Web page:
Sunday, February 22, 2015
Don't go on a guilt trip over free-trial offer
D.H., a reader in Sacramento, Calif.,writes that he prefers a good portion of his leisure reading in printed form. To accommodate his preference, he subscribes to several magazines, his local newspaper and the Sunday edition of a well-known national newspaper.
While D.H. enjoys reading these publications and would like to see all of them continue to thrive in printed form, a decision he made recently leaves him wondering if he did the right thing.
A few times a year, the national newspaper he reads offers to send him the daily newspaper as well at no cost for a specific period of time. His only obligation to keep from being charged for both daily and Sunday subscriptions is to contact the newspaper at the end of the trial to cancel any additional days.
D.H. has taken advantage of these offers several times, keeping careful track of when he needs to cancel the daily newspaper to avoid being charged for it.
"The extra days are a nice treat," he writes, "but I have no intention of keeping that daily part of the subscription going."
Even though the offer is presented without strings, D.H. writes that "knowing that the newspaper industry is in dire straits makes me wonder whether it's ethical to continue taking the (free) offer."
D.H. does have a point that newspaper revenues have declined precipitously over the past decade. In its annual "The State of the News Media" report, The Pew Research Center's findings suggest that while newspaper circulation has remained stable over the past several years, the revenue from advertising has dropped dramatically. As classified and display ads have migrated to other venues -- especially the digital media platforms D.H. doesn't care to read -- newspapers are challenged to match the profits they once achieved.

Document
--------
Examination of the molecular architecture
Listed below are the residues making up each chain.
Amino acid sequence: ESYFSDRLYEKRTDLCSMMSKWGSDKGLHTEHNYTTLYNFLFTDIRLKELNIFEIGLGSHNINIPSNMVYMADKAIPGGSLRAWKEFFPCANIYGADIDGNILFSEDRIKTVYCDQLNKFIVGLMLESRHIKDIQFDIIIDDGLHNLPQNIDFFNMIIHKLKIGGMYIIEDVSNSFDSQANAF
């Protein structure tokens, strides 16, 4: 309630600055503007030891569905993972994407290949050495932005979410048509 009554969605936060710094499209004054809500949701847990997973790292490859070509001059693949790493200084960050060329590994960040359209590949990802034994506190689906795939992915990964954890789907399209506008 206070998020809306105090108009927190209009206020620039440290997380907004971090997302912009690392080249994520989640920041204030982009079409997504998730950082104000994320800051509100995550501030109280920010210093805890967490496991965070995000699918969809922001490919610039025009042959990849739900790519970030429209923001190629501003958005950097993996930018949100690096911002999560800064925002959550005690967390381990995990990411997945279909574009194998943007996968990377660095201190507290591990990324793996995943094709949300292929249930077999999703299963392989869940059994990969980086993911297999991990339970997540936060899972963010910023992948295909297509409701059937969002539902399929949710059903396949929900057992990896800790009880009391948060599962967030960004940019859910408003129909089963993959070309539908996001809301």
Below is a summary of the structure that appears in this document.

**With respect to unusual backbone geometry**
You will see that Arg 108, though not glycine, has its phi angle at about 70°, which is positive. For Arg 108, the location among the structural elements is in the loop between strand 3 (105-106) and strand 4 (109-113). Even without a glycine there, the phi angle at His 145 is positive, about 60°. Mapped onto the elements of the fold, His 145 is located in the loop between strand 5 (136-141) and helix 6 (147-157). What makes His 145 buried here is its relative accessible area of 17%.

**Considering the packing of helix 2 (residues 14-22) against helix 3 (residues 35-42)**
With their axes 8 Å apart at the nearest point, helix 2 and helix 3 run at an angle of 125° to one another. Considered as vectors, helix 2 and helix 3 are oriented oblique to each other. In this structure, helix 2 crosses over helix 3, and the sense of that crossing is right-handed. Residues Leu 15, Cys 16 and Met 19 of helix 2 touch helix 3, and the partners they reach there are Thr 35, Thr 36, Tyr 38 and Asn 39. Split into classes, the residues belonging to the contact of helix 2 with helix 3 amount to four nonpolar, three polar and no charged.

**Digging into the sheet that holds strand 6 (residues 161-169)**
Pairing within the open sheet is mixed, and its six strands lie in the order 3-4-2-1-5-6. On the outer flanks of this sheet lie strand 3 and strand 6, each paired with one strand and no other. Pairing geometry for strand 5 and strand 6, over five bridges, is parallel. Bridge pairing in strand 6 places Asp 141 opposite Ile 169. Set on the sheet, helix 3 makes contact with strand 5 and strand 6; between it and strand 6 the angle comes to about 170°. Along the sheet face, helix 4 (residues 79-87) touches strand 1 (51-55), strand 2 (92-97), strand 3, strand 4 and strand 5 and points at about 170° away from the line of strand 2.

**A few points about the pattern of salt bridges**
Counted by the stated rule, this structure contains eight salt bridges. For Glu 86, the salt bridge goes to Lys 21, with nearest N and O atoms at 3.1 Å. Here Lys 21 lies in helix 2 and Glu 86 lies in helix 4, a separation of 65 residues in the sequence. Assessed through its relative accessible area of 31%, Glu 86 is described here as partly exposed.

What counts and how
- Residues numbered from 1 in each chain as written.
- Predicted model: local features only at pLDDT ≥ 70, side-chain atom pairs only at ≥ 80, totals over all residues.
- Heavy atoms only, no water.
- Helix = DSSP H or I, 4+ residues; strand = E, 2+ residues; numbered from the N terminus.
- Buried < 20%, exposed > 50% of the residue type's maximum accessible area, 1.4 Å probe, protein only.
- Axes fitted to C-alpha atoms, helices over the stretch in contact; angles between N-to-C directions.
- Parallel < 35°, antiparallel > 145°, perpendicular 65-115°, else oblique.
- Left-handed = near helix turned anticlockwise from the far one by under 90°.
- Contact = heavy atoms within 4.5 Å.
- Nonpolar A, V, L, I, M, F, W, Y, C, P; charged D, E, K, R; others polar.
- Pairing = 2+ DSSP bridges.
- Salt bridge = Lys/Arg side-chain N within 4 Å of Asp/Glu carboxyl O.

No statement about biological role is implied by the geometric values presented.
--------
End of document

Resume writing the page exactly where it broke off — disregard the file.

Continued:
However, it's not readers like D.H. choosing to convert their free daily trials into paid subscriptions that will dramatically turn the newspaper industry around, although newspaper companies always love having a new paid subscriber in the fold. (Selfishly, as someone who writes for newspapers, I would like to see readers pay for both print and online subscriptions as often as possible.)
In any case, is it right for D.H. to sign on for a free trial of the daily edition of his newspaper when there's no chance he'll pay for it after the trial? He should feel no guilt.
The newspaper made the offer with no strings attached. If D.H. wants to avail himself of the free papers, that's up to him. He might view it as a reward for being a loyal Sunday customer, even if that's not the newspaper's intention.
The right thing for the newspaper to do is make the terms of the free trial clear, and for D.H. to act in good faith if he signs on. Each of them has done so, so D.H. can read on with a clear conscience.
Jeffrey L. Seglin, author of The Right Thing: Conscience, Profit and Personal Responsibility in Today's Business and The Good, the Bad, and Your Business: Choosing Right When Ethical Dilemmas Pull You Apart, is a lecturer in public policy and director of the communications program at Harvard's Kennedy School.
Follow him on Twitter: @jseglin
Do you have ethical questions that you need answered? Send them to firstname.lastname@example.org.
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